Introduced into the Ancient Olympiad in 648 BC, Pankration meaning “all-powers”, is a true submission sport with few rules. But its Australian debut took place in 1994 under the guidance of champion wrestler Kon “Pappy” Papaioannou and 6th degree Hapkido black-belt Anglican priest Father David Smith, Australia’s oldest ever professional boxer.
Kon says that as it stands, there are five clubs training Pankration in Australia, all based in NSW; The Fight Lab, Australia Zeus, A’s Dojo, Lion’s Den and Maitland MMA. And while currently limited to one state, that hasn’t stopped them from having an impact globally.
“Titles are held every two years with 86 member countries competing and we’re are always well represented. Australia’s always placed in the top 10 in every competition. We’ve produced medalists and world champions alike.”
Seeing competitors make use of various blows from striking hands to kicks, holds and chokes it bears a striking resemblance to modern Mixed Martial Arts (MMA). The only limitation is that biting, and eye-gouging were considered illegal techniques.
Historically, the practice was so brutal, that athletes would often die in a bout rather than submit, or face defeat and humiliation. Pankration extended to warfare, with hoplites from many of the Greek city-states using the art in the melee of battle once their weapons wore down.
Mythological heroes Heracles and Theseus it is said, invented the martial art as a combination of their boxing and wrestling prowess.
Even the philosopher Plato was a pankratist, a double winner of the event at that. The biographer Diogenes went so far as to say that he adopted the name Plato, meaning “broad” in Attic Greek, after he was dubbed that by his wrestling coach, Ariston of Argos.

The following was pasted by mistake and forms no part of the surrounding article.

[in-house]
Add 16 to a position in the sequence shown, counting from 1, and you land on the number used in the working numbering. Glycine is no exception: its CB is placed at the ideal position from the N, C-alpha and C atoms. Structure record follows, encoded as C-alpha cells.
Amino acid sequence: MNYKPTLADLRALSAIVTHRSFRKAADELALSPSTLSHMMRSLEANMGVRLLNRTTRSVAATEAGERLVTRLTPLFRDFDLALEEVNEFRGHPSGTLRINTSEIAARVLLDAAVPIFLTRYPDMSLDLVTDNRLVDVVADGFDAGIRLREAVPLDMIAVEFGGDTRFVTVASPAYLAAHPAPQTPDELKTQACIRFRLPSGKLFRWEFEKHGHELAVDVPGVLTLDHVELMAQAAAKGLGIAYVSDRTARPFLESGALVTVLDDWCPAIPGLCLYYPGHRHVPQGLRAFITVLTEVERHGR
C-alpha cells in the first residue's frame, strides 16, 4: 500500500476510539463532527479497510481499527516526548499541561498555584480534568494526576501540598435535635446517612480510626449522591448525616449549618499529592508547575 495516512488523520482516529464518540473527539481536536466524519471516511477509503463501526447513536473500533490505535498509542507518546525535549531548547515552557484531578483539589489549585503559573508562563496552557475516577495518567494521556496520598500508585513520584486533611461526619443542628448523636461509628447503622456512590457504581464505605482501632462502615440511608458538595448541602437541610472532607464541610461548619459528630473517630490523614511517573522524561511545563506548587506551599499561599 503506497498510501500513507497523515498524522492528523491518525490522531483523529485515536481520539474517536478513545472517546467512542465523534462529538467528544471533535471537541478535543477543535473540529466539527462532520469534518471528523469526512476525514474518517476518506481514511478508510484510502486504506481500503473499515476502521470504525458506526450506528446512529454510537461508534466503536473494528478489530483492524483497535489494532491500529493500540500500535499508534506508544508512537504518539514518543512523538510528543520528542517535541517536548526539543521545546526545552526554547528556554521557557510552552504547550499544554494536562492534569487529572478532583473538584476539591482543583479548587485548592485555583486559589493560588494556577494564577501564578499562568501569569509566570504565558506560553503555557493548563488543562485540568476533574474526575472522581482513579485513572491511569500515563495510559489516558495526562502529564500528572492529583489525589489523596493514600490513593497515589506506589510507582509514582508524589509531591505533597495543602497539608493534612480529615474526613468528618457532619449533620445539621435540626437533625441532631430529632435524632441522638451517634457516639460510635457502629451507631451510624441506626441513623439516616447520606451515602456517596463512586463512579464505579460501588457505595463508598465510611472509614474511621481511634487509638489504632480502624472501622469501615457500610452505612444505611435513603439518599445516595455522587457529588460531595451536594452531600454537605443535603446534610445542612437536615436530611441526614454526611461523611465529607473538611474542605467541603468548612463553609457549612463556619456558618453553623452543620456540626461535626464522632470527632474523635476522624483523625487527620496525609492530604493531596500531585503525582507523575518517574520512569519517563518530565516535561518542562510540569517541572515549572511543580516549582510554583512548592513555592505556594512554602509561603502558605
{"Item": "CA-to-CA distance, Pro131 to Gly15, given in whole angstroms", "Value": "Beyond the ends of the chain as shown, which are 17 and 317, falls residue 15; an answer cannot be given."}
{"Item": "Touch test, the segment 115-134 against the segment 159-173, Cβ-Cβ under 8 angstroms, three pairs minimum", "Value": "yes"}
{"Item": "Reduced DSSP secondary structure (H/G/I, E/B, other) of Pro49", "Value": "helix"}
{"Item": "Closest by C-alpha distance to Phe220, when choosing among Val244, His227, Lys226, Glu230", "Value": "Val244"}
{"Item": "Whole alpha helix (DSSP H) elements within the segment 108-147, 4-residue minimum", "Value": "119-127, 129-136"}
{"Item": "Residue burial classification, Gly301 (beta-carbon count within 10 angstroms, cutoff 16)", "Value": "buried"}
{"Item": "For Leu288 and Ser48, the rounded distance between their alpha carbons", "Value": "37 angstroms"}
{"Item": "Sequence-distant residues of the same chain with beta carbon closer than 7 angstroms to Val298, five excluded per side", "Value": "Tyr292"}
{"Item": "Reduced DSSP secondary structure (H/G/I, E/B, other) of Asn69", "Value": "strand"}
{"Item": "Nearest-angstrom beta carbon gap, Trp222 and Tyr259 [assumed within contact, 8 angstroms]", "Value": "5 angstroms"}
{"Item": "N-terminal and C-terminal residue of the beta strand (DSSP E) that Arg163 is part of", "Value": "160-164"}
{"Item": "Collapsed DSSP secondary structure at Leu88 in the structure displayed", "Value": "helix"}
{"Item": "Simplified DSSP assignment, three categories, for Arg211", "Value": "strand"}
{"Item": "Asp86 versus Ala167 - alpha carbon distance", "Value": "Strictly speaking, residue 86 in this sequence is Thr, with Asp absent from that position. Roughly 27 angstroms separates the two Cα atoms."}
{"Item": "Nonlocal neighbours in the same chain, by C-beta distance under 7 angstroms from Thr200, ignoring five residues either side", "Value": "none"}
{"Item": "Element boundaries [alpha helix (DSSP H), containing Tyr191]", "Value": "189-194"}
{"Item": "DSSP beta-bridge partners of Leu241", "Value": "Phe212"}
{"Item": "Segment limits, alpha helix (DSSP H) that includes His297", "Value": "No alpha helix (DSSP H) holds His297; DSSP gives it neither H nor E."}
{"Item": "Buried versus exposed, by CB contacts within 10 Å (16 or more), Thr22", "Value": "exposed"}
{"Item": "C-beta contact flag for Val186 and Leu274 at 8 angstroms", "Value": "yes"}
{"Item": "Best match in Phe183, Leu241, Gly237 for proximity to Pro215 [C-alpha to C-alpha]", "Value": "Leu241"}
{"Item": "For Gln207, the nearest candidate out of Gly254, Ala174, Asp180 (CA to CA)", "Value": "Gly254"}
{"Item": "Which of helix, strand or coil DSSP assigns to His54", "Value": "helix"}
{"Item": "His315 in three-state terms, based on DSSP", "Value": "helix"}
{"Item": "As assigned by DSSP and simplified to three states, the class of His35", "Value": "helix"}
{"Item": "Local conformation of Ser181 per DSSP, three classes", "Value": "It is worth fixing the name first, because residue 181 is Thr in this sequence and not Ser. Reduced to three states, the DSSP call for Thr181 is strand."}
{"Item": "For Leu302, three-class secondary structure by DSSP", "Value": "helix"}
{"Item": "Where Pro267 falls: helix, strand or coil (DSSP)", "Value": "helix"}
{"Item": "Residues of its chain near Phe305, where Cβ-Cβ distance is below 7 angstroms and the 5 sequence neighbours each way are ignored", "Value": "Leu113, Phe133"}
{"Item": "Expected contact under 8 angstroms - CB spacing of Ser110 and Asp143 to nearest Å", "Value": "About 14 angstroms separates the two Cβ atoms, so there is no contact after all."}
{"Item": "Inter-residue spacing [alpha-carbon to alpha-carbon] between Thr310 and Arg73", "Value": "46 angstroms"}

Despite, or maybe due to its historic status as the bloodiest of the ancient combat sports, Pankration was not reinstated in the 1896 revival of the Olympics. It wasn’t until 1969 that Greek American martial artist Jim Arvanitis reimagined a form of the discipline christened neo-pankration.
Its rebirth gained recognition when it was featured in a 1973 issue of Black Belt magazine following an impressive demonstration of the system at their offices. Being one of the oldest and most widely known publications on martial arts in the United States, it was this feature which spread word of the resurgence worldwide.
Today in its modern format, Pankration has developed into a formally recognised and regulated sport with a worldwide governing body like any other martial art. Locally, it’s overseen by the Australian Federation of Pankration outlining rules for grading, training and of course safety.
“Anthony Dimitriou, Kostas Koutroubas, Hellen Daskalakis, Margarita Fasoularis and myself are a few of the Greek Australians to win world titles. This year the competition’s set for November in Tripoli, Greece,” says Kon.
Gone are the days of no-holds barred fights. Strikes to the head are forbidden, as well as the neck, groin and joints. Even coarse language is off the cards. “Failure to abide by the codes can result in a permanent ban… its serious business.”
Shin, mouth and groin guards have also been adopted as required equipment, a far cry from the thin leather wraps sported by ancient practitioners. But even with these modern day considerations it remains a visceral and uncompromising sport.
However, the biggest change between the tournaments of old and new are the conditions for victory. Endless matches ending only in submission have been dropped in favour of two, two-minute rounds in which opponents score points based on the effectiveness of their attacks.
The revival of Pankration brings to light the Ancient Greek’s contribution to the world of martial arts, where the sport can stand as a continuation of the old Olympic spirit in the modern day.